Independent Contractor vs Employee

As more companies enlist the help of  independent contractors, it’s increasingly important that both companies and contractors properly define their roles. Without a clear understanding and firm boundaries, it’s easy to run into a misclassification problem.

The IRS developed guidelines that outline a person’s status as an independent contractor, bringing transparency to a complex issue. These details help prevent a company from treating an independent contractor as an employee or vise versa. We broke down their detailed guide into a brief summary with 10 questions to help you navigate potential misclassification:

Behavioral Control:

An employer exercises control over every facet of an employee’s work: how they work, where they work, and what tools they need to use. But if a business builds a relationship with an independent contractor, they may dictate the end results, but they should never influence the process.

Contractors  exercise the flexibility conduct work on their own terms. The IRS suggests a quick rule of thumb for independent contractors: if a company requires a rigorous training process, chances you are in danger of misclassification.

Financial Control:

Independent contractors exert financial control over their businesses by investing in equipment, paying for ongoing costs, and taking multiple clients or customers. As a freelance writer, for example, I purchased my computer, pay for Internet, and work with a full roster of clients.

Unlike employees, contractors  should always exercise the right to provide their service to numerous organizations. Unfortunately, some companies ask independent contractors to sign the same non-disclosure forms as their employees. Make sure you don’t overlook these details, accidentally limiting your ability to work with competitors in the future.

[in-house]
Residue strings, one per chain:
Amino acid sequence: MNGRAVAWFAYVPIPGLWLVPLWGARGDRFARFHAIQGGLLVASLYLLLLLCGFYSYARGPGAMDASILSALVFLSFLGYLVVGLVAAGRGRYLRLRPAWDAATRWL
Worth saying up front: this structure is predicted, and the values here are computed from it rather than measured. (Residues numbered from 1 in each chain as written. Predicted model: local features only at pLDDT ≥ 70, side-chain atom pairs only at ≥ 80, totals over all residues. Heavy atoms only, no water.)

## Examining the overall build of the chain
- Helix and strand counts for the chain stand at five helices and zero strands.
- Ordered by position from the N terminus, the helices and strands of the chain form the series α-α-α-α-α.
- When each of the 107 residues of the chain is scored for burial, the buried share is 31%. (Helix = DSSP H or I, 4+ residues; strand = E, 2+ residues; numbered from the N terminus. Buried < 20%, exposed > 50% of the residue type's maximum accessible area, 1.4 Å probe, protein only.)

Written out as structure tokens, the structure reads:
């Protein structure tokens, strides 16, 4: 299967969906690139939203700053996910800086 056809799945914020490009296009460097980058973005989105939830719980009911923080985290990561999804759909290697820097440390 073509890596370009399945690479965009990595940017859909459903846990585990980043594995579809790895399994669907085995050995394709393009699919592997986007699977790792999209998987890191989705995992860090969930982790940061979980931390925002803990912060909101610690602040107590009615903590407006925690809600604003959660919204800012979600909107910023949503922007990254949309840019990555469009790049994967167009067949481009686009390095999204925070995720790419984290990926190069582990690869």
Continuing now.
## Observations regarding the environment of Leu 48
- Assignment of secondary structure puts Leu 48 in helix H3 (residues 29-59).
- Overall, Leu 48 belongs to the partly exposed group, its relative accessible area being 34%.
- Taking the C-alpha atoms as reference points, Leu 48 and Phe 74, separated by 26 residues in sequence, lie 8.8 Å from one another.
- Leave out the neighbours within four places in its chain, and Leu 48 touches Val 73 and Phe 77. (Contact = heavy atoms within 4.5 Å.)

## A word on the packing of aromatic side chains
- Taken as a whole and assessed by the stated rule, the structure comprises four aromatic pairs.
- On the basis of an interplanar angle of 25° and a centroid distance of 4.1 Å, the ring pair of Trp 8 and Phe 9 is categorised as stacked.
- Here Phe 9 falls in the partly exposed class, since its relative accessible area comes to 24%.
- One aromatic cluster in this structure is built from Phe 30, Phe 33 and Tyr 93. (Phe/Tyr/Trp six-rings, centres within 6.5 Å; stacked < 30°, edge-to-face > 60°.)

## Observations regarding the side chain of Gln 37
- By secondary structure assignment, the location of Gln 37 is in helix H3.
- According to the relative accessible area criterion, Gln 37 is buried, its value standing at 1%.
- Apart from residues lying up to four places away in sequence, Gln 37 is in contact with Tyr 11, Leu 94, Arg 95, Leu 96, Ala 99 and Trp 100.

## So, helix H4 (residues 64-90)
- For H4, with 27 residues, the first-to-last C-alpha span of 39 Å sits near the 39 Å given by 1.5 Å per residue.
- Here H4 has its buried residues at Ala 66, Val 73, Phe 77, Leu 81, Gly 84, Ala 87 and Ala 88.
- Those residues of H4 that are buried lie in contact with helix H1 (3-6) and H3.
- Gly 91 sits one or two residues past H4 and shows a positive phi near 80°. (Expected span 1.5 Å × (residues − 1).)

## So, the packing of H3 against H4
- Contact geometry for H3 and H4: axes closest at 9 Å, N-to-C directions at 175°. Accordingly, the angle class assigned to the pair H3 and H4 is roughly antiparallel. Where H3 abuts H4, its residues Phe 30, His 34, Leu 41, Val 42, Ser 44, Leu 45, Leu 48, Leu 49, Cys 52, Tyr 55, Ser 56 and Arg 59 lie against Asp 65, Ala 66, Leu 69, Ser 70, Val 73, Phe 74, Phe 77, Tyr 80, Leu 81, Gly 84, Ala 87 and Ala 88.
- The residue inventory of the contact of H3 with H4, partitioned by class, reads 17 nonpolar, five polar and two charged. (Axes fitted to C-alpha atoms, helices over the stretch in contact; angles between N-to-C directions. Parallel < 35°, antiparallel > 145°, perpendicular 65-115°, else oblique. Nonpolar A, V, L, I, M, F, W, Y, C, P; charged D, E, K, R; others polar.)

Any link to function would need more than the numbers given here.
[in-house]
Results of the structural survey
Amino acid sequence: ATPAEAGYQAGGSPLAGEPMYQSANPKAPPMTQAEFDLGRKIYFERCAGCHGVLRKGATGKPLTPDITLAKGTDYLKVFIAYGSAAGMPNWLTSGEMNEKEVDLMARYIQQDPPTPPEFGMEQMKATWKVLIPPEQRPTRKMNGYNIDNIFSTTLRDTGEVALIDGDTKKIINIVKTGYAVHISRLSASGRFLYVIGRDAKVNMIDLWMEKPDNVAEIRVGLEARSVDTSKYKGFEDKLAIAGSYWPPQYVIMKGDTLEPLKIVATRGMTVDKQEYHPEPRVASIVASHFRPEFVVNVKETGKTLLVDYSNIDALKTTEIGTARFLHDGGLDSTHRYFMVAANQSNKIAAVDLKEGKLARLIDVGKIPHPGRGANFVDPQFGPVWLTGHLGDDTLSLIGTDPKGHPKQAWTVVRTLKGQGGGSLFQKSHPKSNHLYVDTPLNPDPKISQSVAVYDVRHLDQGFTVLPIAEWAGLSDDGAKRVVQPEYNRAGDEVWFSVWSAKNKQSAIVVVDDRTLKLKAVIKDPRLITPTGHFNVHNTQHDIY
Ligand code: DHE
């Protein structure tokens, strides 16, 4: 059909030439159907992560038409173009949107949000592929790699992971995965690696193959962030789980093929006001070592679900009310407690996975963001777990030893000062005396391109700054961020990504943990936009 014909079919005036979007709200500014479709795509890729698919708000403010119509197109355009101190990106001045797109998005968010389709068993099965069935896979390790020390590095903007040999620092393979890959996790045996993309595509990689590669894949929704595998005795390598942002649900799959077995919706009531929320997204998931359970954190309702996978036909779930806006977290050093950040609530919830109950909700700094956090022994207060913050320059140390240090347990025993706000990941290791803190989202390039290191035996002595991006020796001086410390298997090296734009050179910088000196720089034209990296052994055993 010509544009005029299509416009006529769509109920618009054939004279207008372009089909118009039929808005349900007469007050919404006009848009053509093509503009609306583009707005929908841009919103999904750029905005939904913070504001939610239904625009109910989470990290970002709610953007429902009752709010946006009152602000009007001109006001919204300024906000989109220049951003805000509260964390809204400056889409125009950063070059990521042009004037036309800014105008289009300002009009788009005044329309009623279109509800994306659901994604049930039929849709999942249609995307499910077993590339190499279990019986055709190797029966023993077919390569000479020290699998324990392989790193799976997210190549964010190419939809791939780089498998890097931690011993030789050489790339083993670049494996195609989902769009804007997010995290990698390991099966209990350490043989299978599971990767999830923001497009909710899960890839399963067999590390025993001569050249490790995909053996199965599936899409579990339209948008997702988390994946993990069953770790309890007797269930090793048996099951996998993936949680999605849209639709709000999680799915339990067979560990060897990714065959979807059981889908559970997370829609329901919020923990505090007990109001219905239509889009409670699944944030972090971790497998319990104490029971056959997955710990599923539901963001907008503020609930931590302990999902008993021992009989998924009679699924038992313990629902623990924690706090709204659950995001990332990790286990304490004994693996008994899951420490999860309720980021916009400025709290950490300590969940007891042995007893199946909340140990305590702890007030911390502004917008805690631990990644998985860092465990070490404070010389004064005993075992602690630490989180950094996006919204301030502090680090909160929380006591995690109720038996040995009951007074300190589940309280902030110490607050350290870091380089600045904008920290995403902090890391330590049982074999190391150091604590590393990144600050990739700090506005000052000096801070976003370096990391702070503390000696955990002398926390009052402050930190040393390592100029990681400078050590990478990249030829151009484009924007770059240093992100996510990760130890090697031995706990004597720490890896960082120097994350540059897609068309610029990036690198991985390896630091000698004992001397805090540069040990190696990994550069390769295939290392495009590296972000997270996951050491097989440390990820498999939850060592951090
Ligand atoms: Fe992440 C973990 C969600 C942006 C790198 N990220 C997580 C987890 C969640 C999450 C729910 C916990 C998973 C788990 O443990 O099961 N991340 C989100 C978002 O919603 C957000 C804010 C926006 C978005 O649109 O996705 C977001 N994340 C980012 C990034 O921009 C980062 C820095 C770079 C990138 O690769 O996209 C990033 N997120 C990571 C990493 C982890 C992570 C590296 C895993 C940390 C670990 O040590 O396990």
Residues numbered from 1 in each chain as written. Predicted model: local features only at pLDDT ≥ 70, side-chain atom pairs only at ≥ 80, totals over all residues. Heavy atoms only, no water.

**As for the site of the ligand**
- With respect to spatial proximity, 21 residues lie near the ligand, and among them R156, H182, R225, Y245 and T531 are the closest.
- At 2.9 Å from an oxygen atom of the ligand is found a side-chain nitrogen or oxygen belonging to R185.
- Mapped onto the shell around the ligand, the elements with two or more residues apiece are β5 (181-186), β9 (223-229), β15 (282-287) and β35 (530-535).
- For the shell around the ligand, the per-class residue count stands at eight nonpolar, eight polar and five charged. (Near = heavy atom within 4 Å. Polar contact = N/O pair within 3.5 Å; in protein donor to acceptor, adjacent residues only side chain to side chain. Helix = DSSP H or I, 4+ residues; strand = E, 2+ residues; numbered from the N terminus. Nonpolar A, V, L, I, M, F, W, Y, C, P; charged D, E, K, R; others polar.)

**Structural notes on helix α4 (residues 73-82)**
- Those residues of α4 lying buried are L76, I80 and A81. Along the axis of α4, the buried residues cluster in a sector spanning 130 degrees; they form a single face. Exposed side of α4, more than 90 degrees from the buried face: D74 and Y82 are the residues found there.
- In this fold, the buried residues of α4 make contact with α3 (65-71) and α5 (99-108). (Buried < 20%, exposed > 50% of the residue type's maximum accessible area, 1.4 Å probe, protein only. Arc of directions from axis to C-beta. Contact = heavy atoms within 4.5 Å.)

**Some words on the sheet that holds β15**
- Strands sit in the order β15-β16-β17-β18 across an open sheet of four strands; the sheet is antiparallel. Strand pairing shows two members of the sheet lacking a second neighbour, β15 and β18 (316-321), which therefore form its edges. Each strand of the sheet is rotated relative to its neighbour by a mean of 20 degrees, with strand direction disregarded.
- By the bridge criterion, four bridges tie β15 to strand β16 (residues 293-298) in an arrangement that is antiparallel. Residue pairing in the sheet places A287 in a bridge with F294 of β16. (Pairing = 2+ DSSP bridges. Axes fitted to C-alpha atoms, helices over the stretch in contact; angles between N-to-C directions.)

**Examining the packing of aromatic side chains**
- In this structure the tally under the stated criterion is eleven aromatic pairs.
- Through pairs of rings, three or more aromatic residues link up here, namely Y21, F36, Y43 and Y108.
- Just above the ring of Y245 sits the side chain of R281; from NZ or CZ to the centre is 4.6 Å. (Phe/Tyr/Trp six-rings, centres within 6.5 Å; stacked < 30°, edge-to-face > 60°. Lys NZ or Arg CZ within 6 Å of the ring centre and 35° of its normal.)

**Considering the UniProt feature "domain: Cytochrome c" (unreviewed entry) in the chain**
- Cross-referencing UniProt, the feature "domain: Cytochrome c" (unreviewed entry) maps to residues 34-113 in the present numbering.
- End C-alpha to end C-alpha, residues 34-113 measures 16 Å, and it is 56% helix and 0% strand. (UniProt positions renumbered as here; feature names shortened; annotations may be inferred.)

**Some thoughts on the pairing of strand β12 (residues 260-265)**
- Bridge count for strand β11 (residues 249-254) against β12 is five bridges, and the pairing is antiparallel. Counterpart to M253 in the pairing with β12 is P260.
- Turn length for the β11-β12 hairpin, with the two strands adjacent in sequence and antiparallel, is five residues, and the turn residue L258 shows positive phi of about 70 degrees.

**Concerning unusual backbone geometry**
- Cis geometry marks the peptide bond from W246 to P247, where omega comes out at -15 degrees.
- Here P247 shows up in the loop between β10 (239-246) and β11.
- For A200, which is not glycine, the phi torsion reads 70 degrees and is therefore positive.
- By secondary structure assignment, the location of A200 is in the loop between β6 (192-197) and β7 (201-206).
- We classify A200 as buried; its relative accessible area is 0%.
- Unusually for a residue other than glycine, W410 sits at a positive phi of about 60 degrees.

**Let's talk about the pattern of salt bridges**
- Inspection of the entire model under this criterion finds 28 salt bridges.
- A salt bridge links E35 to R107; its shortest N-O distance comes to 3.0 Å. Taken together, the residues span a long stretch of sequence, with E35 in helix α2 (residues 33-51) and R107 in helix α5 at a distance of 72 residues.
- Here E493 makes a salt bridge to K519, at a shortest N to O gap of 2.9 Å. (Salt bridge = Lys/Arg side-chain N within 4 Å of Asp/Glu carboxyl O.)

Nature the Relationship:

Traditionally, independent contractors work for definite periods of time through a contract without benefits. If you’re unsure whether you may be filling the role of an employee, consider the duration of your work together. Independent contractors who contribute to a single company on an ongoing basis are most in danger of misclassification.

To clarify the role, check out these questions. The more times you answer “yes” to the questions listed below, the less likely that  misclassification is at risk:

  1. Does the independent contractor receive flexibility within the parameters of a project?
  2. Does the independent contractor control how and when they complete work?
  3. Does the independent contractor’s clients evaluate work based on the final outcome?
  4. Does the independent contractor choose and pay for their  own tools?
  5. Does the independent contractor  manage ongoing costs associated with their  services?
  6. Does the independent contractor exercise the right to work with multiple companies?
  7. Does the independent contractor have a written contract that specifies the terms of the agreement? If so, does it specify their  role as an independent contractor?
  8. Does the independent contractor pay for their  own benefits?
  9. Does the independent contractor  pay self-employment taxes?
  10. Is there an end date associated with their work?

If you think you’re in danger of misclassification based on these ten questions, do some more research.  As an independent contractor, you can always alter certain aspects of your client relationships to bring consistent boundaries to working agreements. As a company working with a contractor, you can also make sure you are working with contractors within bounds of these guidelines.

Elizabeth Wellington is a freelance writer, editor, and content strategist who lives to tell stories. You can find her with a cup of tea in hand, scratching away in her favorite notebook.

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